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What to SEE: A Fortunate Life regional tour

21 February 2023

Bringing together the thrill of live theatre and the scale of cinema, THEATRE 180’s innovative adaptation of A Fortunate Life is heading back to where Albert Facey’s story all began and beyond in a tour that takes in a huge swathe of WA.

THEATRE 180 has developed an out-of-the-box method of storytelling. They call it CinemaStage.

Created by THEATRE 180’s Art Director Stuart Halusz and Executive Director Rebecca Davis, CinemaStage sees live actors perform in front of a massive multi-media backdrop, projected on a cinema screen.

The company debuted CinemaStage in 2020, with an adaptation of a West Australian classic, Albert Facey’s much-loved autobiography A Fortunate Life (read Seesaw Mag’s review here). The show premiered at Ace Cinemas and has since toured through the Perth metropolitan and regional WA.

Facey’s tale is well-suited to THEATRE 180; since its formation, this company has been dedicated to collecting, preserving, and performing West Australian stories.

In March and April audiences in the Wheatbelt, Mid West, Goldfields-Esperance and South West regions, and Perth, will have the opportunity to catch THEATRE 180’s vivid interpretation of Facey’s famous words.

Ahead of the tour, Seesaw’s Rachel Denham-White was eager to chat to Stuart Halusz to find out more.

Rachel Denham-White: Stuart, when did you first read A Fortunate Life? Which aspects of the story spoke to you? 

Stuart Halusz: I remember reading it as a teenager and was struck, like most people, by Bert Facey’s tenacity and the resilience of a life lived through hardships, and yet lived with hope and love. I am still struck by his humility and the simplicity of storytelling, simple yet so compelling.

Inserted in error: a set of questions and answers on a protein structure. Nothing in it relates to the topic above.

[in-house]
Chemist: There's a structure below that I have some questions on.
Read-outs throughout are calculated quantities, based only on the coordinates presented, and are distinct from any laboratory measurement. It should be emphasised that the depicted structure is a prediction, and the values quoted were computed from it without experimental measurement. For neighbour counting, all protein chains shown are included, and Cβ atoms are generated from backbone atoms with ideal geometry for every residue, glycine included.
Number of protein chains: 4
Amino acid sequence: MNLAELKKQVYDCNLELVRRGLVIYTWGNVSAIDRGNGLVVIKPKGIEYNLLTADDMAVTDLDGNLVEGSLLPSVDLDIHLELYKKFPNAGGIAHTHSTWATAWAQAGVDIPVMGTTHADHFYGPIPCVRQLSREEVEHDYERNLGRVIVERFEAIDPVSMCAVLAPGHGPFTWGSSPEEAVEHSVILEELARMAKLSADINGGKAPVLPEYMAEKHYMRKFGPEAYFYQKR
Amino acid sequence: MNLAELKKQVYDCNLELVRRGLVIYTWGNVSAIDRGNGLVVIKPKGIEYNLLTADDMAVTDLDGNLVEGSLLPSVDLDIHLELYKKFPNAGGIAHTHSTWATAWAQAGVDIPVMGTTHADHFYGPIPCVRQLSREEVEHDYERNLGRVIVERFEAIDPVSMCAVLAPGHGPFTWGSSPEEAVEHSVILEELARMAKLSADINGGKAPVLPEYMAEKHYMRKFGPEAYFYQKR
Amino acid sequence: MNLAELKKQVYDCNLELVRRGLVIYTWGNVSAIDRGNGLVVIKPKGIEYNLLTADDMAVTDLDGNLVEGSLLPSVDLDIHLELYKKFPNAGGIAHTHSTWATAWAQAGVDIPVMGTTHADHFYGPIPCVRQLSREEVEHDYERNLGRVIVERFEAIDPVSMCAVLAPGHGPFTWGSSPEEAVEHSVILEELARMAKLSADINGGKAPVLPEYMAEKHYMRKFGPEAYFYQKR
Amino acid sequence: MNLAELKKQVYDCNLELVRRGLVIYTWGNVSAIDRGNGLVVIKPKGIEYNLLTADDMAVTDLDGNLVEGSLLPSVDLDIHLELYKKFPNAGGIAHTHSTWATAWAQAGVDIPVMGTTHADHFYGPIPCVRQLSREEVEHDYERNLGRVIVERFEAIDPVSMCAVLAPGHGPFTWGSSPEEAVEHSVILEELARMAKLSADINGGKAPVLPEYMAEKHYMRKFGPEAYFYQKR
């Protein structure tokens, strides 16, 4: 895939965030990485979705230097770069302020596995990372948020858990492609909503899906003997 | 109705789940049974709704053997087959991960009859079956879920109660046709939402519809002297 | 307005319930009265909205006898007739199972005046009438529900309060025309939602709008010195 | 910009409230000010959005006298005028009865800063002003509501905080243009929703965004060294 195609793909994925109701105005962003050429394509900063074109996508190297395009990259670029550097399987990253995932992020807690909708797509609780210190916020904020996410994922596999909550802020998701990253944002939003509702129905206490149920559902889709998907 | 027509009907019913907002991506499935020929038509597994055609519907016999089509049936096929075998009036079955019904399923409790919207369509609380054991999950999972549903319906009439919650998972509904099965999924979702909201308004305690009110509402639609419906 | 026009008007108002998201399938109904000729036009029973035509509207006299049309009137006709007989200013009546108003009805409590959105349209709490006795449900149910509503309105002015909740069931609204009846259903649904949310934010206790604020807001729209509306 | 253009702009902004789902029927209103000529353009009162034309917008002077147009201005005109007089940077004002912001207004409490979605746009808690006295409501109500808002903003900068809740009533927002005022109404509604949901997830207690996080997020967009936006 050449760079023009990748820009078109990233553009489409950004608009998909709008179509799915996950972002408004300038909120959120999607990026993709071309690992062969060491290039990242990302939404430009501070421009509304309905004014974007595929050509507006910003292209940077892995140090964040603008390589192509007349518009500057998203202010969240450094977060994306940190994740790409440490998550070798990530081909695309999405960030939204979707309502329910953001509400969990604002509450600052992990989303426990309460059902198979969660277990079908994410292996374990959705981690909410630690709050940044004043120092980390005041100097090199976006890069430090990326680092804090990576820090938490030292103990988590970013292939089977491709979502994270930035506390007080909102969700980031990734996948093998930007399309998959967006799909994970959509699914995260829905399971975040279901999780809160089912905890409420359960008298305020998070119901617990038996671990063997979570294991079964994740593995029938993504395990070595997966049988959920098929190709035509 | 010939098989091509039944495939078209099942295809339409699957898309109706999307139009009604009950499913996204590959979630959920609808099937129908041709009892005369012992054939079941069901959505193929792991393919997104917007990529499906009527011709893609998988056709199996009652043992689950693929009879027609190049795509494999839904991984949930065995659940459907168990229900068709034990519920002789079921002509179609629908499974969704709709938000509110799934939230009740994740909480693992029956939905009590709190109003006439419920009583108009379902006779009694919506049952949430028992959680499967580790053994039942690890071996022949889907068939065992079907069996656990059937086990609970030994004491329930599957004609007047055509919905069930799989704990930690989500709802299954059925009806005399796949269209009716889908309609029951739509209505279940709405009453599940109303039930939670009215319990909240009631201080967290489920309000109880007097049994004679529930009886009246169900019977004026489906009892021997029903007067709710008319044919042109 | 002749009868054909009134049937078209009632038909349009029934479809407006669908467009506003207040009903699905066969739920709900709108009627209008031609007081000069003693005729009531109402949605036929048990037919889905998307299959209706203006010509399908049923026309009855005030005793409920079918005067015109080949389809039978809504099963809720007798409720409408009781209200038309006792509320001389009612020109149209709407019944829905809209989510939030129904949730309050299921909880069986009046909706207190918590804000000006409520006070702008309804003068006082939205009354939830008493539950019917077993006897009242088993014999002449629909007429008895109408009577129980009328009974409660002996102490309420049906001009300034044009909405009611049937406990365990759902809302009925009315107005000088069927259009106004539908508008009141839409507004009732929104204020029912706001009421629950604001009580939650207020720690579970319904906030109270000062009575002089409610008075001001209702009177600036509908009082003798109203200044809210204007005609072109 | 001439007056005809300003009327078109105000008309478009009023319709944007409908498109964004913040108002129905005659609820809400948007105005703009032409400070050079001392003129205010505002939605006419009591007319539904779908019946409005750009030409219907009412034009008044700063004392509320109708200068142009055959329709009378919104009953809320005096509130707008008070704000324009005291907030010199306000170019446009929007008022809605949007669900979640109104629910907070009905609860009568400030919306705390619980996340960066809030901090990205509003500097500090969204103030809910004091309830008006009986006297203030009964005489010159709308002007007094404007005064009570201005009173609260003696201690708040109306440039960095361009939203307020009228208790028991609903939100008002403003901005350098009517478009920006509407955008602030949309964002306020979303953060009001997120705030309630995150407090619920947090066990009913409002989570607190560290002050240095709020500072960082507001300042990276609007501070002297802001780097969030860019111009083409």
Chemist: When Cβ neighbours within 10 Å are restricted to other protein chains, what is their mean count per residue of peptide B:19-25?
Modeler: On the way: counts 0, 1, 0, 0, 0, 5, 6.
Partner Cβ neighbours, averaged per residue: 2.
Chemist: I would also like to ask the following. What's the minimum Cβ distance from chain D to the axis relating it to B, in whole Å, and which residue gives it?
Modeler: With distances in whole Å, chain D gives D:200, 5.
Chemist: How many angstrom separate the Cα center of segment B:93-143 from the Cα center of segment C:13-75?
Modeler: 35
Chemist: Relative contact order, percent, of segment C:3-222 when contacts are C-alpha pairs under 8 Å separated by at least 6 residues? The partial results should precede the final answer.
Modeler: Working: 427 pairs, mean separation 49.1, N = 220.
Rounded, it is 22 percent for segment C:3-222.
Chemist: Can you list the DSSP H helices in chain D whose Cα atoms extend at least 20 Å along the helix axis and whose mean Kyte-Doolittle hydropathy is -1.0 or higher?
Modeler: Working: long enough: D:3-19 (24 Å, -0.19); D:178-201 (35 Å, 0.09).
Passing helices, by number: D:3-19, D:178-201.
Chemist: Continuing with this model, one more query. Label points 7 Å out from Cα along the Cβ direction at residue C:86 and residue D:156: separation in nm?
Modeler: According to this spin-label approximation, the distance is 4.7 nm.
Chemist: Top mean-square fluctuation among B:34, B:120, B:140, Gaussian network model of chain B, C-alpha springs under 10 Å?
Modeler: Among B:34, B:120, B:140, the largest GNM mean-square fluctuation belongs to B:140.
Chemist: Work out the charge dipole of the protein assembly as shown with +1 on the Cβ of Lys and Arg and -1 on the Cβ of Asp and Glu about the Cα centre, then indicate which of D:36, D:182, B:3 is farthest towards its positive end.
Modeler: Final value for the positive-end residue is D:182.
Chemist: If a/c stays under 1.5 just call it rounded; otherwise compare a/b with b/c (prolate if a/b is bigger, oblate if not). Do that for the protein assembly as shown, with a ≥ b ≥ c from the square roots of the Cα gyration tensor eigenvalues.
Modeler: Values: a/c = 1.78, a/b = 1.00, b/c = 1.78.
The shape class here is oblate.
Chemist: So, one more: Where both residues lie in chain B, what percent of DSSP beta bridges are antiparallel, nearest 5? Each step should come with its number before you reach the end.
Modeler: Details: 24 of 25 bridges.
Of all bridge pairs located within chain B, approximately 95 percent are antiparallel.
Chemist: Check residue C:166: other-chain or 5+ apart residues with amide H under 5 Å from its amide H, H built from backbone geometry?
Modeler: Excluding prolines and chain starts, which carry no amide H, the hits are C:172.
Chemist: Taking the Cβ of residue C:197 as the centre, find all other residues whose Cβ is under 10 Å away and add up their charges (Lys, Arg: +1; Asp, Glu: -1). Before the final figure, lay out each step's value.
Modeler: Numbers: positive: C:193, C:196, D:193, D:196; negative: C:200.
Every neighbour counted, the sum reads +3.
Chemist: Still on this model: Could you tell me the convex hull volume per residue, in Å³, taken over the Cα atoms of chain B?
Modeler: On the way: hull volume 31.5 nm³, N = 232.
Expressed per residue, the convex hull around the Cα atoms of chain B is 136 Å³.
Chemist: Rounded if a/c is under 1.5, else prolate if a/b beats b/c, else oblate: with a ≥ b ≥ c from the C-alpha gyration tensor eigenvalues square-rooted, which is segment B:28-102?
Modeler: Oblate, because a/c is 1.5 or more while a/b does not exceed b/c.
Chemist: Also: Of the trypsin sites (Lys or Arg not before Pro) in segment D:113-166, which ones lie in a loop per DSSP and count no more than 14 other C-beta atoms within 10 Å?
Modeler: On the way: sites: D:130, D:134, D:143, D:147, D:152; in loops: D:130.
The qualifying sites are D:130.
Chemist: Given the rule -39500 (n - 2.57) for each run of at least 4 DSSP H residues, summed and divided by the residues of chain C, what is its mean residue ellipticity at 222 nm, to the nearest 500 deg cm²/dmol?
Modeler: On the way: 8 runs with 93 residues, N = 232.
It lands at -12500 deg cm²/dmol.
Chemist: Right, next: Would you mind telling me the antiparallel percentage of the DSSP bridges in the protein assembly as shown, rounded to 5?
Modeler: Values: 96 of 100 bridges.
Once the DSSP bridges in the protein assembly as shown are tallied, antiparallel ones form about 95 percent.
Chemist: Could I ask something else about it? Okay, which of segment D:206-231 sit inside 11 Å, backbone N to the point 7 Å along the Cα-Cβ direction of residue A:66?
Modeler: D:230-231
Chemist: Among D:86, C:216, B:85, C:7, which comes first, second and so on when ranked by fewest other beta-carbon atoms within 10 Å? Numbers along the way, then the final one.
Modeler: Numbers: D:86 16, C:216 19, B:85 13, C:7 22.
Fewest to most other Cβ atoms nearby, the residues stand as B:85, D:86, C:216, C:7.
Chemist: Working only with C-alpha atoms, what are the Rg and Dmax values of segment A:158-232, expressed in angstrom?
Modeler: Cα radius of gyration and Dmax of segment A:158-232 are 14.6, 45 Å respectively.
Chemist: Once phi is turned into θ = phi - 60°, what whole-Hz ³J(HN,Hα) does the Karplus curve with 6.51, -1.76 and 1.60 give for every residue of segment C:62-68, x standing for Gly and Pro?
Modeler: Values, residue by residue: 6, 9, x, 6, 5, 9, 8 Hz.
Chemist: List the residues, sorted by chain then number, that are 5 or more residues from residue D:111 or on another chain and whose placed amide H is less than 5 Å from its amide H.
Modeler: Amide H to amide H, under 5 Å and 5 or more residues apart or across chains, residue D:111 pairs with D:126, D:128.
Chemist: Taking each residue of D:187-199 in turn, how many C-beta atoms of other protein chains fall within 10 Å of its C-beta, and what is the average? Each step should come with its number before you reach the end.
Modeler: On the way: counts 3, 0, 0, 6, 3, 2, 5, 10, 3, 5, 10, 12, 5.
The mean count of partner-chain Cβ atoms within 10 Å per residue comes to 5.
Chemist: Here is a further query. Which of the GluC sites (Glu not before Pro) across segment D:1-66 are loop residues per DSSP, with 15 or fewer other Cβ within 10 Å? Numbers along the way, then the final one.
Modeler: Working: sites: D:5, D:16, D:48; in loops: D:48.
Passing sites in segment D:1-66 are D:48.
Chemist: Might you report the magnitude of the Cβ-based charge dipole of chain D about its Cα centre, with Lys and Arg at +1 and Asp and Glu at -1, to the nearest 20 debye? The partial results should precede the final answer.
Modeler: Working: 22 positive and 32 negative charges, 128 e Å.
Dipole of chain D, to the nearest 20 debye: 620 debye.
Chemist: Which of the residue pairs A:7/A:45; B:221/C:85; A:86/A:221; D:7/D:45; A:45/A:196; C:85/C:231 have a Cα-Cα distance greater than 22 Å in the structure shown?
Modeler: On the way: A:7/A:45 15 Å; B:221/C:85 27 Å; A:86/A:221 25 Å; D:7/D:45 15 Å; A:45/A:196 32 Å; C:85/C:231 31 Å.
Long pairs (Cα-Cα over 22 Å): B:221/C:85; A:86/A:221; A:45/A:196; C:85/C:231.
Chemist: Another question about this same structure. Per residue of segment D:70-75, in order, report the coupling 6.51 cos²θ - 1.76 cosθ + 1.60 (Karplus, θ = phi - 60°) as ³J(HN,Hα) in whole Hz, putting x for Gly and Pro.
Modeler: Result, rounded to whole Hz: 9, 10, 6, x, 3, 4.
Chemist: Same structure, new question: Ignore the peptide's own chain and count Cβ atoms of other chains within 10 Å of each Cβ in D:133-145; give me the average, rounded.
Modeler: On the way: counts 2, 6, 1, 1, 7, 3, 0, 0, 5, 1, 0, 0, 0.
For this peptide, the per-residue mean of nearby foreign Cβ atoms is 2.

‘I was struck by Bert Facey’s tenacity’. Pictured: Michael Abercromby, Rebecca Davis and Benj D’Addario in ‘A Fortunate Life’. Photo: Stewart Thorpe.

RDW: Performing within a cinema, in front of a continuous projection, must be a meticulous task. What inspired CinemaStage to do this? How long did it take to bring the project together?

SH: It is indeed! We are ostensibly creating a one hour and 45 minute film and timing a live performance to it. We are also editing the film to suit the live action; it all happens concurrently.

There weren’t many venue options for the production I had originally envisaged – a six hour epic, Festival-style theatre piece with two intervals and a dinner break! But our Executive Director (and actor in A Fortunate Life) Rebecca Davis had the idea for CinemaStage while talking to the theatre owner Ron Sziemiginowski. Ron wanted to activate his chain of regional cinemas and bring more variety to his audiences, so he became our financial backer. After that, it all happened very quickly! I fleshed out the script with my co-writer Jenny Davis and within a couple of months we were in the rehearsal room.